Planum temporale surface area and grey matter asymmetries in chimpanzees (Pan troglodytes): the effect of handedness and comparison with findings in humans.

Bibliographic Collection: 
MOCA Reference, APE
Publication Type: Journal Article
Authors: Hopkins, W. D.; Nir, T. M.
Year of Publication: 2010
Journal: Behav Brain Res
Volume: 208
Issue: 2
Pagination: 436-43
Date Published: 04/2010
Publication Language: eng
ISSN: 1872-7549
Keywords: Animals, Brain Mapping, Cephalometry, Female, Functional Laterality, Gestures, Humans, Image Processing, Computer-Assisted, Magnetic Resonance Imaging, Male, Pan troglodytes, Psychomotor Performance, Sex Factors, Temporal Lobe

The planum temporale (PT) is the bank of tissue that lies posterior to Heschl's gyrus and is considered a key brain region involved in language and speech in the human brain. In the human brain, both the surface area and grey matter volume of the PT is larger in the left compared to right hemisphere in approximately 2/3rds of individuals, particularly among right-handed individuals. Here we examined whether chimpanzees show asymmetries in the PT for grey matter volume and surface area in a sample of 103 chimpanzees from magnetic resonance images. The results indicated that, overall, the chimpanzees showed population-level leftward asymmetries for both surface area and grey matter volumes. Furthermore, chimpanzees that prefer to gesture with their right-handed had significantly greater leftward grey matter asymmetries compared to ambiguously- and left-handed apes. When compared to previously published data in humans, the direction and magnitude of PT grey matter asymmetries were similar between humans and apes; however, for the surface area measures, the human showed more pronounced leftward asymmetries. These results suggest that leftward asymmetries in the PT were present in the common ancestor of chimpanzees and humans.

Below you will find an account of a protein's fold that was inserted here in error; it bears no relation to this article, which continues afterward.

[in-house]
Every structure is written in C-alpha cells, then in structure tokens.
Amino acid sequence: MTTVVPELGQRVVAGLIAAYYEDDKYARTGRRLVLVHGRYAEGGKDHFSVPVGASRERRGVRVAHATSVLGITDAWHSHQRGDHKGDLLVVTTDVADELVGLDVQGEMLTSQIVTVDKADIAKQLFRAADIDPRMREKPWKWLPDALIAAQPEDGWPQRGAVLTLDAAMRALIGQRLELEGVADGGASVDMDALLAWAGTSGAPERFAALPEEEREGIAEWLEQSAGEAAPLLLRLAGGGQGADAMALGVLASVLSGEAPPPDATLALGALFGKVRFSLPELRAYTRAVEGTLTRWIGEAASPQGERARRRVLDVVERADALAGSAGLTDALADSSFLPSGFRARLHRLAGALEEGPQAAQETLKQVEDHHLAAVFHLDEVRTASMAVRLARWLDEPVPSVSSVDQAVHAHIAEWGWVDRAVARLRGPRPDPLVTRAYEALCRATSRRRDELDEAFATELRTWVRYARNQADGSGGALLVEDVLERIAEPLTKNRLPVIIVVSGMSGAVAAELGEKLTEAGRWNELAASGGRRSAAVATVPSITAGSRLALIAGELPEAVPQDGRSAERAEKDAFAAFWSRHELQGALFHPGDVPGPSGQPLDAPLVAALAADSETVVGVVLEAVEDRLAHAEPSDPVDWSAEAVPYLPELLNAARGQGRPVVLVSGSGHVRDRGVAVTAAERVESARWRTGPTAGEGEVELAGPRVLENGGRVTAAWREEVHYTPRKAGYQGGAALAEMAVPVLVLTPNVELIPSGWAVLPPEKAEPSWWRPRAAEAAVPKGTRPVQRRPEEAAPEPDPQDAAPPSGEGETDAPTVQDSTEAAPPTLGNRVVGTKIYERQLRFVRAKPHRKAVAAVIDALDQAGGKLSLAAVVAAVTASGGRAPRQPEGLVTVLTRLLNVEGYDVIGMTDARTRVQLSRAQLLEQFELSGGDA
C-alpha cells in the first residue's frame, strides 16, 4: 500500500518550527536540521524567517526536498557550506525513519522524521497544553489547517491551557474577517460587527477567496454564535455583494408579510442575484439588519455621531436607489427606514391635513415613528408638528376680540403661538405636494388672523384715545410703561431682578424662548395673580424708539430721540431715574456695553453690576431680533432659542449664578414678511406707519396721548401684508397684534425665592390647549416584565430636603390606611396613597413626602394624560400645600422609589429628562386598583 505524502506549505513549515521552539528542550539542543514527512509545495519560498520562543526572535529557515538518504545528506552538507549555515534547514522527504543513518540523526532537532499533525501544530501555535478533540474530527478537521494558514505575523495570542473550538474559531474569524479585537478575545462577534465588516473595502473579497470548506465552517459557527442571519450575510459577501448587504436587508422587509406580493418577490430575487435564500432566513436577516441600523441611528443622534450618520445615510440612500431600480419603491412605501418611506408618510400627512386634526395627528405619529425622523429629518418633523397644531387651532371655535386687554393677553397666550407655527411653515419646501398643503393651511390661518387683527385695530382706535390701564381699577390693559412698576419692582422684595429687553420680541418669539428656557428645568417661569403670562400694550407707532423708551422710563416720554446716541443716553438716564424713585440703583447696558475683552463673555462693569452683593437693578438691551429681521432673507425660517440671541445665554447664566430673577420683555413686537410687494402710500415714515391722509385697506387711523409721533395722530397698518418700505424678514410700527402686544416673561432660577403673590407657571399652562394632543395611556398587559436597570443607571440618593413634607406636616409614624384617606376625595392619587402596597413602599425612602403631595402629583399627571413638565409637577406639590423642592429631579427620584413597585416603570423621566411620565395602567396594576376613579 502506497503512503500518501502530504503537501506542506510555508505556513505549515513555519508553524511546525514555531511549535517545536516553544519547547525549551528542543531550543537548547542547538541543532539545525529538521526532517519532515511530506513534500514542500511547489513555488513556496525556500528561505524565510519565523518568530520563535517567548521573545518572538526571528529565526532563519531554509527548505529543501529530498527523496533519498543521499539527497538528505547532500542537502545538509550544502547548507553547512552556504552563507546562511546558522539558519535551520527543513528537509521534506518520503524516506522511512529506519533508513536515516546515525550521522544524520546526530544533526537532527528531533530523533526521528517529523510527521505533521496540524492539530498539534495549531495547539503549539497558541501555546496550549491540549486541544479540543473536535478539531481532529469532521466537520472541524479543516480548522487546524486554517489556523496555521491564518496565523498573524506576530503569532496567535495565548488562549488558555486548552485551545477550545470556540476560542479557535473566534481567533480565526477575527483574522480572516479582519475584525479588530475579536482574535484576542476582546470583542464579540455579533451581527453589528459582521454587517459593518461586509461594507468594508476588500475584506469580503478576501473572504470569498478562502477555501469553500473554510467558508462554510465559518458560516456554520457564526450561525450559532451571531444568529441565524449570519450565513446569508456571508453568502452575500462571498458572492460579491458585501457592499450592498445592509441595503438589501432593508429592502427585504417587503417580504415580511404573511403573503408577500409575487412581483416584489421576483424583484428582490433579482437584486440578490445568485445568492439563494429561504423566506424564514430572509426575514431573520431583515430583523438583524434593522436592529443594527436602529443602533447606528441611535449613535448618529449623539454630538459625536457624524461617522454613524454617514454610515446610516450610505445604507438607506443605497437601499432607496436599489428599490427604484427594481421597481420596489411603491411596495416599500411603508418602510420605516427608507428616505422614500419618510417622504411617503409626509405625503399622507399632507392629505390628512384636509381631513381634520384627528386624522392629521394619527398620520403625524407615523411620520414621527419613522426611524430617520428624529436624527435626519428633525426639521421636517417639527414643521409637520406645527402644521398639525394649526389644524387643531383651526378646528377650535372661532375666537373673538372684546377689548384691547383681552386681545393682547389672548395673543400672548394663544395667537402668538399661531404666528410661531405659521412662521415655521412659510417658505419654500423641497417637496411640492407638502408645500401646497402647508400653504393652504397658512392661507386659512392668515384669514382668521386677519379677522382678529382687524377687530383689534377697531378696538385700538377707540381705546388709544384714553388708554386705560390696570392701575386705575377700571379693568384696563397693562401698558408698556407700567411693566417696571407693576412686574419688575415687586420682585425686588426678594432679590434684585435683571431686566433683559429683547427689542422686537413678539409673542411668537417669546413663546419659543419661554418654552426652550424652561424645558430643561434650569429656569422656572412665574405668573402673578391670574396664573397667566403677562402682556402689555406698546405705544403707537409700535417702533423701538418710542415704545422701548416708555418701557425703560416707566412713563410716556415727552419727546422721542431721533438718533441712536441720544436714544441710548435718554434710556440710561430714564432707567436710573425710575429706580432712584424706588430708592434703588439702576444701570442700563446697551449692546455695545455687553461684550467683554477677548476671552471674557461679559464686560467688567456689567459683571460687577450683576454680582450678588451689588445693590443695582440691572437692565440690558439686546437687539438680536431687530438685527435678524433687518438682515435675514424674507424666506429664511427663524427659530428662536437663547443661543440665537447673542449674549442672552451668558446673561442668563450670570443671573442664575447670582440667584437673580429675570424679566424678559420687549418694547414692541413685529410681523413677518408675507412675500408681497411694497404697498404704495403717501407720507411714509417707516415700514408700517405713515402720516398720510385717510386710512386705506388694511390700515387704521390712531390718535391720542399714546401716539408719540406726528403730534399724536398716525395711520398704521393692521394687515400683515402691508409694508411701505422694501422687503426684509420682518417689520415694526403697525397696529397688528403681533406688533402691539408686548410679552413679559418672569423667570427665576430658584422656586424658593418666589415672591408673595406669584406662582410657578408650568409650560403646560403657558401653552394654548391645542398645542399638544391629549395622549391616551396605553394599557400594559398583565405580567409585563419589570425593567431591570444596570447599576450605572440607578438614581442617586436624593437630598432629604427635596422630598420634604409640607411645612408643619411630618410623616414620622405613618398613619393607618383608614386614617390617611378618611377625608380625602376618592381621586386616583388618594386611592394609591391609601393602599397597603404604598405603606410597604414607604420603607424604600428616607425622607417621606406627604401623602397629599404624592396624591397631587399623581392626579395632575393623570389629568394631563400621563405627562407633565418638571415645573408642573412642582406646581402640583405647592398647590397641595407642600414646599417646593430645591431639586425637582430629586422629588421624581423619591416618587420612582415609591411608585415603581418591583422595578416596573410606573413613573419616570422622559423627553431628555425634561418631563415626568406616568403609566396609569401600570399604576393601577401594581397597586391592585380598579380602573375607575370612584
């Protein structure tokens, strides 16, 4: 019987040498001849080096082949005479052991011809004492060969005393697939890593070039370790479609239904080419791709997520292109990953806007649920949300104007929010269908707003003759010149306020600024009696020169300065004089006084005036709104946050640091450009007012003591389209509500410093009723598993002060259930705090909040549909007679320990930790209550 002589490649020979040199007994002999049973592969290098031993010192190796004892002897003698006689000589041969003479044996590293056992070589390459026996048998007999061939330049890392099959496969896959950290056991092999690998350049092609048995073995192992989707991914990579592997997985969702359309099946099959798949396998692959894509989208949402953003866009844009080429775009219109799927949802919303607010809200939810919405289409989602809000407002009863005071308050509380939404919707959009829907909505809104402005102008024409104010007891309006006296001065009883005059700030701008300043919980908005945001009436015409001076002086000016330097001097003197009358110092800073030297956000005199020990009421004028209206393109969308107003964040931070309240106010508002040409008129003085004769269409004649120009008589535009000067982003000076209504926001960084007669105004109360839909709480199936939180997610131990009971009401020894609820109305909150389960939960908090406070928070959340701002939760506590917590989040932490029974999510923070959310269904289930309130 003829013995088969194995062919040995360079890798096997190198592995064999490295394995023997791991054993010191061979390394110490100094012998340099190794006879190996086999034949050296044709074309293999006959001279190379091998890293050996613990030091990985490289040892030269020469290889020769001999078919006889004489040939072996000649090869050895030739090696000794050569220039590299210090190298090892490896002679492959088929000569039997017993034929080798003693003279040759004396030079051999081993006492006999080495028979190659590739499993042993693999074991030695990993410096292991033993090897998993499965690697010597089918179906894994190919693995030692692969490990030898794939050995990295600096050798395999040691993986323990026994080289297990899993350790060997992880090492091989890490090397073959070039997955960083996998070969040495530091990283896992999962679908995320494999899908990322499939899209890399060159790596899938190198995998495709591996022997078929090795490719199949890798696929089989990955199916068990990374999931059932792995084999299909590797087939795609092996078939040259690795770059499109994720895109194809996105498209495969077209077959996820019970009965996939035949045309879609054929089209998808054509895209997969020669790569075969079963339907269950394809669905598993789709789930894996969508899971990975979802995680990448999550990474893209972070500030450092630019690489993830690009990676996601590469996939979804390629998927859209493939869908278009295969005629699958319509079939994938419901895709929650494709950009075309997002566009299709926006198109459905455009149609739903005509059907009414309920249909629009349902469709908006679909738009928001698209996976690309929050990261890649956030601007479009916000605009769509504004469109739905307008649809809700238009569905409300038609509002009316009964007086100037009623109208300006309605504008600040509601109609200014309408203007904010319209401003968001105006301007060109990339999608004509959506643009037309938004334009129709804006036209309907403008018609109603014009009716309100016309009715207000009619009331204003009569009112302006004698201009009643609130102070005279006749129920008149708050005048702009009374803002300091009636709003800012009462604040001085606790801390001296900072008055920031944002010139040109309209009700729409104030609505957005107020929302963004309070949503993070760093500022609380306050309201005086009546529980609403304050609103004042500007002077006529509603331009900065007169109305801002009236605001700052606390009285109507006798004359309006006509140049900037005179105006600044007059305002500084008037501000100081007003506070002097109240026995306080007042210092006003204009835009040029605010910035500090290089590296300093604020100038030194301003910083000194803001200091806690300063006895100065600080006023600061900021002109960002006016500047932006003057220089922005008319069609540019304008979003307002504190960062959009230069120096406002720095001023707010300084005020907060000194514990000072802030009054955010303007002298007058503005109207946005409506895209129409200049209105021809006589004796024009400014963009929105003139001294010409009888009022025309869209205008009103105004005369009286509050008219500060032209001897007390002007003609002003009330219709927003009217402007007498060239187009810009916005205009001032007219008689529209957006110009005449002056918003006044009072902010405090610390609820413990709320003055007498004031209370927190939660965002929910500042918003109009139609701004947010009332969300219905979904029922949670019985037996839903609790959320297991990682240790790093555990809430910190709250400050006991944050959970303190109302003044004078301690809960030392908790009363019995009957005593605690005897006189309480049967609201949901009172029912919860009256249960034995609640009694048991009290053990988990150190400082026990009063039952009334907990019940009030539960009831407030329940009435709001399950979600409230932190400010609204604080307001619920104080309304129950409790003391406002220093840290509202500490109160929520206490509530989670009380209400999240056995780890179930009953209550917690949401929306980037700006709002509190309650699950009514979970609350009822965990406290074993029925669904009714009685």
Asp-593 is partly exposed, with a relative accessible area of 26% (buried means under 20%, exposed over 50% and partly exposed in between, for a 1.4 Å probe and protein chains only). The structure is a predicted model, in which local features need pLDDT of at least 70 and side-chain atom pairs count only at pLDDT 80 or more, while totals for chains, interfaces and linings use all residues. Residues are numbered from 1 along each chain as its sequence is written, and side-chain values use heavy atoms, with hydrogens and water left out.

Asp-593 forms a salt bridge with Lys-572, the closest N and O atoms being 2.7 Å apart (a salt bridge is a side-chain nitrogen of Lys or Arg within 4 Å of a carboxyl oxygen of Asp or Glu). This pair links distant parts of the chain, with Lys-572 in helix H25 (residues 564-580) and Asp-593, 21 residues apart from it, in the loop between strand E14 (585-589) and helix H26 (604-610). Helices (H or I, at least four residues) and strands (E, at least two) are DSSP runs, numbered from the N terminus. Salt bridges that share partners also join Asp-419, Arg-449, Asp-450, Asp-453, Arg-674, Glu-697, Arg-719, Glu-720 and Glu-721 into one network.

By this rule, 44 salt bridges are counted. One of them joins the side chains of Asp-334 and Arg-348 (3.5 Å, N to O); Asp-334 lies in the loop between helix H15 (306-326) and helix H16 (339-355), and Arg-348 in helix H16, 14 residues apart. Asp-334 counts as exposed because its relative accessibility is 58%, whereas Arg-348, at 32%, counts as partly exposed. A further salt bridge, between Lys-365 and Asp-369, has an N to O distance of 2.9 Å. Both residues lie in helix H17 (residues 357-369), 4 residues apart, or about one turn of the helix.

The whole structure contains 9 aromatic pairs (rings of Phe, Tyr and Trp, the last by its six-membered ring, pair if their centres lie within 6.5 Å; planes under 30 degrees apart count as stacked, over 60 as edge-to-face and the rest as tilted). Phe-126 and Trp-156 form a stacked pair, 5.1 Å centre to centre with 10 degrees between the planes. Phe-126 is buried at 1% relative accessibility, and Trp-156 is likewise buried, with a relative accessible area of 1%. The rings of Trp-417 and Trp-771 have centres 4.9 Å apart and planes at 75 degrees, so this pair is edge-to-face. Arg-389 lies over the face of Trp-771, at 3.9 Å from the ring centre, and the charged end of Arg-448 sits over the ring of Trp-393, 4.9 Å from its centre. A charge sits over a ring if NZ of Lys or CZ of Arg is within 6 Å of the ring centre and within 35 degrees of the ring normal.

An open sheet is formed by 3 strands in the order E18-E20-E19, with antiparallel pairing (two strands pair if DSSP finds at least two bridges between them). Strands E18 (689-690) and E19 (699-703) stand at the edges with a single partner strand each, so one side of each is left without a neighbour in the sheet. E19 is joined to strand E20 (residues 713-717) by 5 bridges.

DOI: 10.1016/j.bbr.2009.12.012
Alternate Journal: Behav. Brain Res.